But, as CBS News Correspondent John Blackstone reports, the spotted comb jelly is now being seen in all its glory.
"Oh, they're beautiful," admires one visitor.
It's the first time spotted comb jellies have ever been displayed in captivity.
Visitors are engrossed with the lights, but the lights aren't its only trick. Scientists, using green dye, discovered it employs jet propulsion, forcing water through its body to move up like a rocket.
The spotted comb jellies drift into Monterey Bay each winter, but it's rare these delicate creatures are caught alive. They are so fragile they can disintegrate with little more than a touch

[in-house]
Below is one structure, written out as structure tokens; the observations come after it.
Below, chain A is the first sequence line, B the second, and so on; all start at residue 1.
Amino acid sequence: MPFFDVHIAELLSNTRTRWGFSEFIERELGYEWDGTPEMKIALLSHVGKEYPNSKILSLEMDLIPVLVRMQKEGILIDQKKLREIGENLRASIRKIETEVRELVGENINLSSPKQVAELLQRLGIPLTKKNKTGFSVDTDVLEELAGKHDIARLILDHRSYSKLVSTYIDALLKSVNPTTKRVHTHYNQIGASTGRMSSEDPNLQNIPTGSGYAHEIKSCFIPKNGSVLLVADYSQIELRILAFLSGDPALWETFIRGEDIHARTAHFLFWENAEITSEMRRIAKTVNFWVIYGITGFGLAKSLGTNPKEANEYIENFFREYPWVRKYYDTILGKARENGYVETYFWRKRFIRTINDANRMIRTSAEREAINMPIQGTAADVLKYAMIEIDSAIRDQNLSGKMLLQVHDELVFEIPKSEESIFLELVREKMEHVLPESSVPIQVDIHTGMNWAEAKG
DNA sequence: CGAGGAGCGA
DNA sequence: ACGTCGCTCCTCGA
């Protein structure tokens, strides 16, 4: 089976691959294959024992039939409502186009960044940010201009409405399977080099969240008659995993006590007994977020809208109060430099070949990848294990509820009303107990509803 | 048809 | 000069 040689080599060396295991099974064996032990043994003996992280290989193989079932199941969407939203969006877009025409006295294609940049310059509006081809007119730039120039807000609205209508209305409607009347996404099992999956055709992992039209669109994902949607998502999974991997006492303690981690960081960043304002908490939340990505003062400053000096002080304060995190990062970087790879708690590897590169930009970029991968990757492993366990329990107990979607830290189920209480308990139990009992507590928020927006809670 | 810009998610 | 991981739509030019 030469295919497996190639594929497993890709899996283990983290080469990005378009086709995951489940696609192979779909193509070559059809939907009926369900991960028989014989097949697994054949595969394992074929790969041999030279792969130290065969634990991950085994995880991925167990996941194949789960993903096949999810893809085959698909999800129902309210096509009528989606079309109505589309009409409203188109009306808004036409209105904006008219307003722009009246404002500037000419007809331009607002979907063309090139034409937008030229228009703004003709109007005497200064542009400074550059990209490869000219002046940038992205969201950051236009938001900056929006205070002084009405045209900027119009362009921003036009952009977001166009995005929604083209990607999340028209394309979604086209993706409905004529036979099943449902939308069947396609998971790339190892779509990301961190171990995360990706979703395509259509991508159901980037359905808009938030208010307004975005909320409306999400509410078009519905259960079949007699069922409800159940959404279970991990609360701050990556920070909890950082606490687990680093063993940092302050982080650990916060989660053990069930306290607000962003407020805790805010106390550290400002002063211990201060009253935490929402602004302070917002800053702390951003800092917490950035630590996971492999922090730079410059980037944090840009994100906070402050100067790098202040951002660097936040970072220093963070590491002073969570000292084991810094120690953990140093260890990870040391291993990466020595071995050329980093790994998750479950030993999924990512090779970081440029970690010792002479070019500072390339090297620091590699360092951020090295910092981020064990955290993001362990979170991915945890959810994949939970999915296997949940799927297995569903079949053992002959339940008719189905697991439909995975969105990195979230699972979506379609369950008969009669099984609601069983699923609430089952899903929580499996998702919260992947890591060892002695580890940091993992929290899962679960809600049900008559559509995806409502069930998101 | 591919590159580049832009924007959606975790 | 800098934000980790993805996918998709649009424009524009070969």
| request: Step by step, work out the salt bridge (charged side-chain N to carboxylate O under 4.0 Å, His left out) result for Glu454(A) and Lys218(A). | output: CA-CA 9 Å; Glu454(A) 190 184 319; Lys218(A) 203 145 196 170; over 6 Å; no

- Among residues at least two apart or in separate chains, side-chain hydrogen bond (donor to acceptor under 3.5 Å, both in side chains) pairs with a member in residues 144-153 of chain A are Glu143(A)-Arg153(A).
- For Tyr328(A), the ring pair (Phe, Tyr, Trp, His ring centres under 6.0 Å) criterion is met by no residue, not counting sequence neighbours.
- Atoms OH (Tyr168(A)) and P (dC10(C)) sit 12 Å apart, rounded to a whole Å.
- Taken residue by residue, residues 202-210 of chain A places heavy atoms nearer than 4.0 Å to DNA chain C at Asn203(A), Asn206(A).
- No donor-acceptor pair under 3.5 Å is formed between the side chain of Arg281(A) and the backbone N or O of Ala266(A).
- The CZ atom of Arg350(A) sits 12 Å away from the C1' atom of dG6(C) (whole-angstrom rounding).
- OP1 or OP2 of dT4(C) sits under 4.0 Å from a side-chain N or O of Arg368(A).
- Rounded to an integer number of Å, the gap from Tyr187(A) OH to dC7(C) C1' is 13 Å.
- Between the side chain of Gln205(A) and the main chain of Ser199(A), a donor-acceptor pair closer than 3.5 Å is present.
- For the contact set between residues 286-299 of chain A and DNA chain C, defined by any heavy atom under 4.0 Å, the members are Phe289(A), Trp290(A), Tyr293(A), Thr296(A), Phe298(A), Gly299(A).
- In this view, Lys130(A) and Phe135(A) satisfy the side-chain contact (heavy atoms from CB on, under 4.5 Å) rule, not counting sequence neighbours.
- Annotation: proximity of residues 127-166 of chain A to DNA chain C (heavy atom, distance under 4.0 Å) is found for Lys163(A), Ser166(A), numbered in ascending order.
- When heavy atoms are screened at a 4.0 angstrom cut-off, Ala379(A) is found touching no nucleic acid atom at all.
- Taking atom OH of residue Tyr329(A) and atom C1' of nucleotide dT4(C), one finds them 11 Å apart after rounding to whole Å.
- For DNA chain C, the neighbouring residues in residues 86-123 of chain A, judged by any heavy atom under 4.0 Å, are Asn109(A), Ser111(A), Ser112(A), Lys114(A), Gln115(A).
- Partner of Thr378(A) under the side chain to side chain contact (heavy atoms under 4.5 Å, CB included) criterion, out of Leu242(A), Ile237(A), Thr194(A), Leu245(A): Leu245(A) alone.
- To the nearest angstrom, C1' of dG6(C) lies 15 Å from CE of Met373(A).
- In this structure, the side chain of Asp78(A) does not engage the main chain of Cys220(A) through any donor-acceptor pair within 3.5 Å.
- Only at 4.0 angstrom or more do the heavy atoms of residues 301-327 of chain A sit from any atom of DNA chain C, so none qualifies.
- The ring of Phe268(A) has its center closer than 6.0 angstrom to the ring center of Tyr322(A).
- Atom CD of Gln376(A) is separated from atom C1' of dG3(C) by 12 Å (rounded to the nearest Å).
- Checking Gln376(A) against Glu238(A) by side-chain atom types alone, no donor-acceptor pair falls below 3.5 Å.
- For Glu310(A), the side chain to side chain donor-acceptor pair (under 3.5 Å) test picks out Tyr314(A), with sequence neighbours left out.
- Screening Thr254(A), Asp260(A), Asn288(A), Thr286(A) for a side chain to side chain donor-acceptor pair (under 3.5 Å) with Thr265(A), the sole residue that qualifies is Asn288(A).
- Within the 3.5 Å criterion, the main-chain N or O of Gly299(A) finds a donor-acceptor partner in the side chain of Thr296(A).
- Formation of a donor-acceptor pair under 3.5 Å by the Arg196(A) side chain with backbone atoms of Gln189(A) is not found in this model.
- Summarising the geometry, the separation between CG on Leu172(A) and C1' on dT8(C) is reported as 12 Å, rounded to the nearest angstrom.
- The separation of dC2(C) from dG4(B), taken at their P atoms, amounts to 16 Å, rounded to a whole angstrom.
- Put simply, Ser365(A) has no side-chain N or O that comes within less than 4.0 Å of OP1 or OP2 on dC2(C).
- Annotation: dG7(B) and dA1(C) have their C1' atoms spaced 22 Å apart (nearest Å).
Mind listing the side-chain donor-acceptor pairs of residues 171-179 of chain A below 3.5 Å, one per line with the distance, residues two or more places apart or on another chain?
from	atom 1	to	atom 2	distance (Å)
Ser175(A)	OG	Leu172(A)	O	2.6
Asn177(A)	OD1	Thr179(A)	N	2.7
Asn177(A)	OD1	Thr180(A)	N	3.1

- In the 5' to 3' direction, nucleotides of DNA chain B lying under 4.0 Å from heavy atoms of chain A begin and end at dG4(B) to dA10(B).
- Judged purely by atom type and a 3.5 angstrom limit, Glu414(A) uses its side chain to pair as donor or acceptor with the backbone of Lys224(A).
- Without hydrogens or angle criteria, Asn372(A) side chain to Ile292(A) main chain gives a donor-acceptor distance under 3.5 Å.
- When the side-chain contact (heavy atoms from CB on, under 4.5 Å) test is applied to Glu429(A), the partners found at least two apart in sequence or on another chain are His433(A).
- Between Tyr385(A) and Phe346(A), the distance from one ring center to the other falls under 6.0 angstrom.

Researchers study the jelly very carefully.
George Matsumoto of the Monterey Bay Aquarium Research Institute tells Blackstone, "The water currents from my hand motion would actually almost rip it apart. Tear it in two so it is very difficult animal to collect and the fact that it's on exhibit is just amazing."
Keeping them on exhibit is Bruce Upton's job. He's an expert in the care and feeding of all the jelly species in the aquarium's collection.
But none has captured his heart like the spotted comb jelly.
"They're one of the most awesome marine animals I've ever seen," he says.
And now lots of others are being impressed.
"Coolest thing I've ever seen in my entire life," says a young observer.
Watching a few ounces of jelly transform itself into a work of art.